Despite what appeared to be a rough early schedule, the Bears are tied for the best record in the NFL at 4–1 and have a legitimate chance to be 7–1 at the halfway point. They have back-to-back home games and a bye before facing the Bills in Toronto. First up are the 2–2 Seahawks, who own impressive wins at home against the 49ers and Chargers but have been pounded on the road by the Broncos and Rams.
Keys for the Bears
• They must do a better job of protecting quarterback Jay Cutler, who was sacked nine times in the first half against the Giants on Oct. 3 and suffered a concussion that kept him out last week.
• The defense has to get a pass rush with the four linemen. In back-to-back games against the Cowboys and Packers, the Bears had a total of zero sacks on 96 pass attempts and, as a result, were gouged for 690 yards in the air. Last week, they had five sacks against Carolina and limited the Panthers to net 62 passing yards.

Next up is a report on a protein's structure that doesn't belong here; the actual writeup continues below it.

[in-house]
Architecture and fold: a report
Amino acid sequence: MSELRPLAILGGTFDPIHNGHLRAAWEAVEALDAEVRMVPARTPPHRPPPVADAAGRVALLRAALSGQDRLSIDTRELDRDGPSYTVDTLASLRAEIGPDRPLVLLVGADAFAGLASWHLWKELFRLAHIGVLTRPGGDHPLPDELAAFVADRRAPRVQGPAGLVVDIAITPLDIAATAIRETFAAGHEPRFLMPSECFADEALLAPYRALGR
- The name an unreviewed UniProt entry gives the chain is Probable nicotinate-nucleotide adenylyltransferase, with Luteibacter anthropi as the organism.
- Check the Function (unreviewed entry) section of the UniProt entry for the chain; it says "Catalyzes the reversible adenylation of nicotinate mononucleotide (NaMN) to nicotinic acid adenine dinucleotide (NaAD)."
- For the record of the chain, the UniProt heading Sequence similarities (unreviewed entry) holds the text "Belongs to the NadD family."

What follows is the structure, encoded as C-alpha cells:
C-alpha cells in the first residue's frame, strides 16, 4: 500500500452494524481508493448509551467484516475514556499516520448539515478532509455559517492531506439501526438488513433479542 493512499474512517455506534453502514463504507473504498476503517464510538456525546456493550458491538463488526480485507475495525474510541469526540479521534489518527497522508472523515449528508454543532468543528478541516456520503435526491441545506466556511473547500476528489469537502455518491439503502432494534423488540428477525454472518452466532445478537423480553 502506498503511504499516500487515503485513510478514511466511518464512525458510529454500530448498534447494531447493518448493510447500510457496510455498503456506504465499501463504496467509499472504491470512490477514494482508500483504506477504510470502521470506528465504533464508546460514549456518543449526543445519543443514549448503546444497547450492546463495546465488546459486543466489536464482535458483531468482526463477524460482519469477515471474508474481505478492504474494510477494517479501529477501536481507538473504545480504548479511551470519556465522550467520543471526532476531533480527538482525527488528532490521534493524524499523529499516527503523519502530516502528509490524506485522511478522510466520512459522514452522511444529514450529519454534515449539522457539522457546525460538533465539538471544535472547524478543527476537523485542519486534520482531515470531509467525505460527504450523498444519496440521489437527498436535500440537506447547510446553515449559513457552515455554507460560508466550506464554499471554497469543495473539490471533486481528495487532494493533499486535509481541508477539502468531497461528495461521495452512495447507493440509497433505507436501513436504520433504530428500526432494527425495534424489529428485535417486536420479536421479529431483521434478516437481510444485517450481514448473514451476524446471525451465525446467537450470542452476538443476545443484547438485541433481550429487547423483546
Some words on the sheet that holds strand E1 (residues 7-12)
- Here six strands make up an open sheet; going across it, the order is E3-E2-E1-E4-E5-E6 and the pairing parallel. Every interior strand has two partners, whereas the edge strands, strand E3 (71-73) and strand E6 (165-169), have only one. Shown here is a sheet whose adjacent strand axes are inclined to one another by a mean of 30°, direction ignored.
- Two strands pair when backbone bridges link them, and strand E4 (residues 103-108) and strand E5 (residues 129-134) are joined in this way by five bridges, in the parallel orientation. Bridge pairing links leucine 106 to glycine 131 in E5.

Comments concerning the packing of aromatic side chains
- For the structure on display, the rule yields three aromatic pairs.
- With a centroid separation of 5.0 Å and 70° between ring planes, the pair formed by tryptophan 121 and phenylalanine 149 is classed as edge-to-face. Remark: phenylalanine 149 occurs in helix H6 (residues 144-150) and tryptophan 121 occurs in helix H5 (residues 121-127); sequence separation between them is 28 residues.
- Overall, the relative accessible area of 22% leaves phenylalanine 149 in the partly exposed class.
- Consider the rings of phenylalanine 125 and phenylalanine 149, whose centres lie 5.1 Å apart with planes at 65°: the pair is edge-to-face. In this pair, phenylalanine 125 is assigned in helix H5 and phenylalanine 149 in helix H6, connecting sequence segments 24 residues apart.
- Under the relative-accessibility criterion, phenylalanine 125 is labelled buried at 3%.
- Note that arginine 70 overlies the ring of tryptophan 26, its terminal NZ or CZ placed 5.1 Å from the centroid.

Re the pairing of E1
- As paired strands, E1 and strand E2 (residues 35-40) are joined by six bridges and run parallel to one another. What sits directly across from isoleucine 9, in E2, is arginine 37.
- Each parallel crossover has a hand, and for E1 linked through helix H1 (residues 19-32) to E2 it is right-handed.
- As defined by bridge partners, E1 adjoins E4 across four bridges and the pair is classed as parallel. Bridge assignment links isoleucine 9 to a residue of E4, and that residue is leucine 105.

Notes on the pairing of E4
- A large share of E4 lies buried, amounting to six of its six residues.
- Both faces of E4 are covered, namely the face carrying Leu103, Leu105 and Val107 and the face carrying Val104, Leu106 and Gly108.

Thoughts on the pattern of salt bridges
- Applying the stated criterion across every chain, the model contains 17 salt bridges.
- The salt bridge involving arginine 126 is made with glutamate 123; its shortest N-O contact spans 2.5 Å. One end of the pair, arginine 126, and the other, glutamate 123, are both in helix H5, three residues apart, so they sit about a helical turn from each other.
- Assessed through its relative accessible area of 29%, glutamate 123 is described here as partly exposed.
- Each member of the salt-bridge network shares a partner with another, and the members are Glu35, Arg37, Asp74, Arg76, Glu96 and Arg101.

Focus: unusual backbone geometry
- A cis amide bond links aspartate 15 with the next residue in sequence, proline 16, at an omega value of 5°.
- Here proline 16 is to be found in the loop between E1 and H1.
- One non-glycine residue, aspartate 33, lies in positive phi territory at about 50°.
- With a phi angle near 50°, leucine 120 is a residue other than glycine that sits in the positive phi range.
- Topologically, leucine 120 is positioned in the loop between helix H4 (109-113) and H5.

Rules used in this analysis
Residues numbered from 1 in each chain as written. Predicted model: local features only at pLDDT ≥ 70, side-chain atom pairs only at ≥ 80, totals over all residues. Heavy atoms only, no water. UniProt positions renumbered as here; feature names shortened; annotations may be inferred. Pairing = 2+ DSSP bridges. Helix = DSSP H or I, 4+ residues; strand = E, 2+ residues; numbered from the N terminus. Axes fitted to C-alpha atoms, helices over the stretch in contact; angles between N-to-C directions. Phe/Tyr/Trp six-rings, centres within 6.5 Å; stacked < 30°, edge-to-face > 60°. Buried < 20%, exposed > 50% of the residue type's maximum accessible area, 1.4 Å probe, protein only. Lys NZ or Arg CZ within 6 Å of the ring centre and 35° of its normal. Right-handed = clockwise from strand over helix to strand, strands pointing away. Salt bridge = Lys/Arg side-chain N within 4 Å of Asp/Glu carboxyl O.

Keys for the Seahawks
• Defensive end Chris Clemons, who already has four sacks, must put pressure on Cutler and at least prevent the Bears from using the seven-step drops that offensive coordinator Mike Martz loves to create big plays off. For most of the season that hasn’t worked for the Bears because their protection has been poor. But when given time Cutler has plenty of deep threats to utilize.
• They must stop the run early as most teams have done against the Bears. Chicago has been quick to abandon the ground game if it doesn’t have early success.
Given the Seahawks’ poor play on the road this season and the extensive changes to the roster, this is a game the Bears should win easily, especially with Cutler back in the lineup. The Bears’ defense, which has been especially impressive against the run, should be able to keep the Seahawks’ offense in check. Bears 28–14.